Three conditions for vertical development
Nick Petrie puts forward three conditions for supporting vertical growth. The first of these is heat experiences. These are experiences that put us in over our heads and challenge our current way of making sense of the world. As a result, we’re invited to unmake and remake the relevant beliefs to make better sense of what is happening. We can think of this as disrupting or dislodging someone from their current state. A very common heat experience is when someone takes on their first people leadership role.
The second condition is colliding perspectives. This is when we are exposed to different perspectives and beliefs, be that from experts, mentors, educational experiences, and so on. Our own beliefs are challenged and our ability to view the world through multiple lenses grows.
Lastly, elevated sensemaking refers to integrating our heat experiences and colliding perspectives to establish ourselves at a later stage of development with more sophisticated and complex thinking. This is often achieved with the support of a coach or mentor who is at a later stage of development than we are.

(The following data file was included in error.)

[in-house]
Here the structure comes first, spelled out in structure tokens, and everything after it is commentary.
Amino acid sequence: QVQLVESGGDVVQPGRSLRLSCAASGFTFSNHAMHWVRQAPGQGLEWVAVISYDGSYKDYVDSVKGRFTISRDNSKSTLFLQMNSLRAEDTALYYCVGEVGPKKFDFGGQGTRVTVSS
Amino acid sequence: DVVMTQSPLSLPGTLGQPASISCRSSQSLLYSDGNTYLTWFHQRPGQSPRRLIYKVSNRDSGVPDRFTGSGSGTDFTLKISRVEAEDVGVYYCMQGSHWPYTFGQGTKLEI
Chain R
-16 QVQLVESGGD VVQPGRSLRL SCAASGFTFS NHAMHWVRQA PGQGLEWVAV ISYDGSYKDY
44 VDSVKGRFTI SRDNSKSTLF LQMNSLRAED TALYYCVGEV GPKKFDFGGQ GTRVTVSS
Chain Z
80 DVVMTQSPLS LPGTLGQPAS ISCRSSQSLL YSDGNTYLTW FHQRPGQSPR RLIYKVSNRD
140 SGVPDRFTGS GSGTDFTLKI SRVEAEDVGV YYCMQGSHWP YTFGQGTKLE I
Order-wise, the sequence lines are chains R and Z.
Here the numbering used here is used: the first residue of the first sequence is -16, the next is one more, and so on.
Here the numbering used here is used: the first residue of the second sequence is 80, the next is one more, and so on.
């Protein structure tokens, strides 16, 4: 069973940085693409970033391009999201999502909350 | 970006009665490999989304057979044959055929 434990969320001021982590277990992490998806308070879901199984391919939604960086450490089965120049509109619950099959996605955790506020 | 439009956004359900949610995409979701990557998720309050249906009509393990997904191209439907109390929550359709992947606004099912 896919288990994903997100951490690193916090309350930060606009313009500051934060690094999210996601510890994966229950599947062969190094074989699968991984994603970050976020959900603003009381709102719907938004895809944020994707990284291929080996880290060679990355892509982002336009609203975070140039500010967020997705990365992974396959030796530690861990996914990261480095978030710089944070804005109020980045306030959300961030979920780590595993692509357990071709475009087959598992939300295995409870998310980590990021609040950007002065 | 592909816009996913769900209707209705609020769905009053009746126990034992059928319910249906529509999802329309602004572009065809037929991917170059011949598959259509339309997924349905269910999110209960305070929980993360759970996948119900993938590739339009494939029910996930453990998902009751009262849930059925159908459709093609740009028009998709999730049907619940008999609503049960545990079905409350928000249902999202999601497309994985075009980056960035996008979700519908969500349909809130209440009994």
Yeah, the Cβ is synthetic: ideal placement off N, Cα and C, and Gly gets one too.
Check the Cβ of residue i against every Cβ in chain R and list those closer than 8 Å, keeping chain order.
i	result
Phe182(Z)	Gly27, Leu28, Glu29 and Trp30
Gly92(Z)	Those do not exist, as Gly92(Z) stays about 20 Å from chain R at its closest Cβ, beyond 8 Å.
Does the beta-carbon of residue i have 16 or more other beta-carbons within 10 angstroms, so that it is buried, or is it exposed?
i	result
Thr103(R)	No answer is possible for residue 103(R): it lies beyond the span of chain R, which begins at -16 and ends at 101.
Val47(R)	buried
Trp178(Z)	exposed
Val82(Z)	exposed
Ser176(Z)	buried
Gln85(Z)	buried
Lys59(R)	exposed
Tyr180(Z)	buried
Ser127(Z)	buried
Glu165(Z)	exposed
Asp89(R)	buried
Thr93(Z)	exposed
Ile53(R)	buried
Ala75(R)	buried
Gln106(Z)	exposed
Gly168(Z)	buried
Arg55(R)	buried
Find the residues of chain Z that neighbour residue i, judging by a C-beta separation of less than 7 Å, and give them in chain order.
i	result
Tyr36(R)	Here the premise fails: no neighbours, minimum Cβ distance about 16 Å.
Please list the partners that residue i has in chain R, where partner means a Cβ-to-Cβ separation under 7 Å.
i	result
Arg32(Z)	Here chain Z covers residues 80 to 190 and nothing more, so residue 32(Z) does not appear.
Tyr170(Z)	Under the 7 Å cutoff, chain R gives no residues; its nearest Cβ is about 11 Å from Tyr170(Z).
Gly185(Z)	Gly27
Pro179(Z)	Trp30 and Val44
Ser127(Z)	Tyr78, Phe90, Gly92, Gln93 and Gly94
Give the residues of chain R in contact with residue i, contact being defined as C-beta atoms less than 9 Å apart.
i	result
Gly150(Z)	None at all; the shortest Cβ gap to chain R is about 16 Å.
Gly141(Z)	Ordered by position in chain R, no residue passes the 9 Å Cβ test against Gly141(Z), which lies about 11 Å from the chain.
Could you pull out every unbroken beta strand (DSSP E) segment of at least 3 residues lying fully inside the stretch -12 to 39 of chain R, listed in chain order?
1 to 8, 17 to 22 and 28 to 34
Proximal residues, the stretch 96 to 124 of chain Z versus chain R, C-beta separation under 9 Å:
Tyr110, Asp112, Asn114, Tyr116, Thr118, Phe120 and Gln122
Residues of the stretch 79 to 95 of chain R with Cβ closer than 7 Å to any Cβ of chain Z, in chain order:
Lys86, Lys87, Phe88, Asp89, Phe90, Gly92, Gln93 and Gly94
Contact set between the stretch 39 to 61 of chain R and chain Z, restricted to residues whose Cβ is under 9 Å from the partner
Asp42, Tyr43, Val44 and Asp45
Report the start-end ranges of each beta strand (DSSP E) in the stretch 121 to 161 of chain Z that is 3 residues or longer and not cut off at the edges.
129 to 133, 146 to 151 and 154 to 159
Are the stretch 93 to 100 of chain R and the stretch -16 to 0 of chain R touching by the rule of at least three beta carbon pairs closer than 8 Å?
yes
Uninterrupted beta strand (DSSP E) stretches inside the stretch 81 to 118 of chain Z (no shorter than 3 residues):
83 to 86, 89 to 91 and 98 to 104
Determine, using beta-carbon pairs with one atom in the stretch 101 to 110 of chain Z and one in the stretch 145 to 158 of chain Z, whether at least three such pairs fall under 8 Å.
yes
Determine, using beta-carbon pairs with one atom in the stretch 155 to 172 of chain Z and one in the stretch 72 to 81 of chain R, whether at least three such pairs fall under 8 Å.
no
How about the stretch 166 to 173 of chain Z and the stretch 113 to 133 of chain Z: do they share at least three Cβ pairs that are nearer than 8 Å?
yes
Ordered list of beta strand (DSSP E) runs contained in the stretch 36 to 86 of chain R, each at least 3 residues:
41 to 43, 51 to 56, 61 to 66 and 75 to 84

Four upgrades for vertical development
Another way to think about growing vertically comes from Karen Boston and Richard Ellis in their book Upgrade. They outline four strategies known to promote vertical development.
- Navigating complexity: Seeing and making sense of, and not ignoring, the complexities all around us.
- Shifting perspectives: Developing the ability to recognize, appreciate, and hold more than one point of view.
- Self-reflecting and adjusting: Noticing, evaluating, and adapting our thinking and behavior increasingly in real time
- Opposable thinking: Holding seemingly contradictory ideas at the same time.
There are a number of activities under each of these strategies that enable targeted effort toward vertical development. We can pull them into our daily lives and challenge ourselves to prioritize them.
Getting help with vertical development from The Sparks Group
Sometimes the missing piece is finding the right coach to guide us through vertical development. It helps tremendously to have an expert who helps us integrate all of this information and empowers us to grow into a new stage of vertical development.
When you’re ready to pursue the right conditions to grow vertically, The Sparks Group is here to support you. We help you understand what stage you’re in, the benefits of developing upward, and how to push yourself to get there.
Contact us now to set up a free 30-minute discovery call.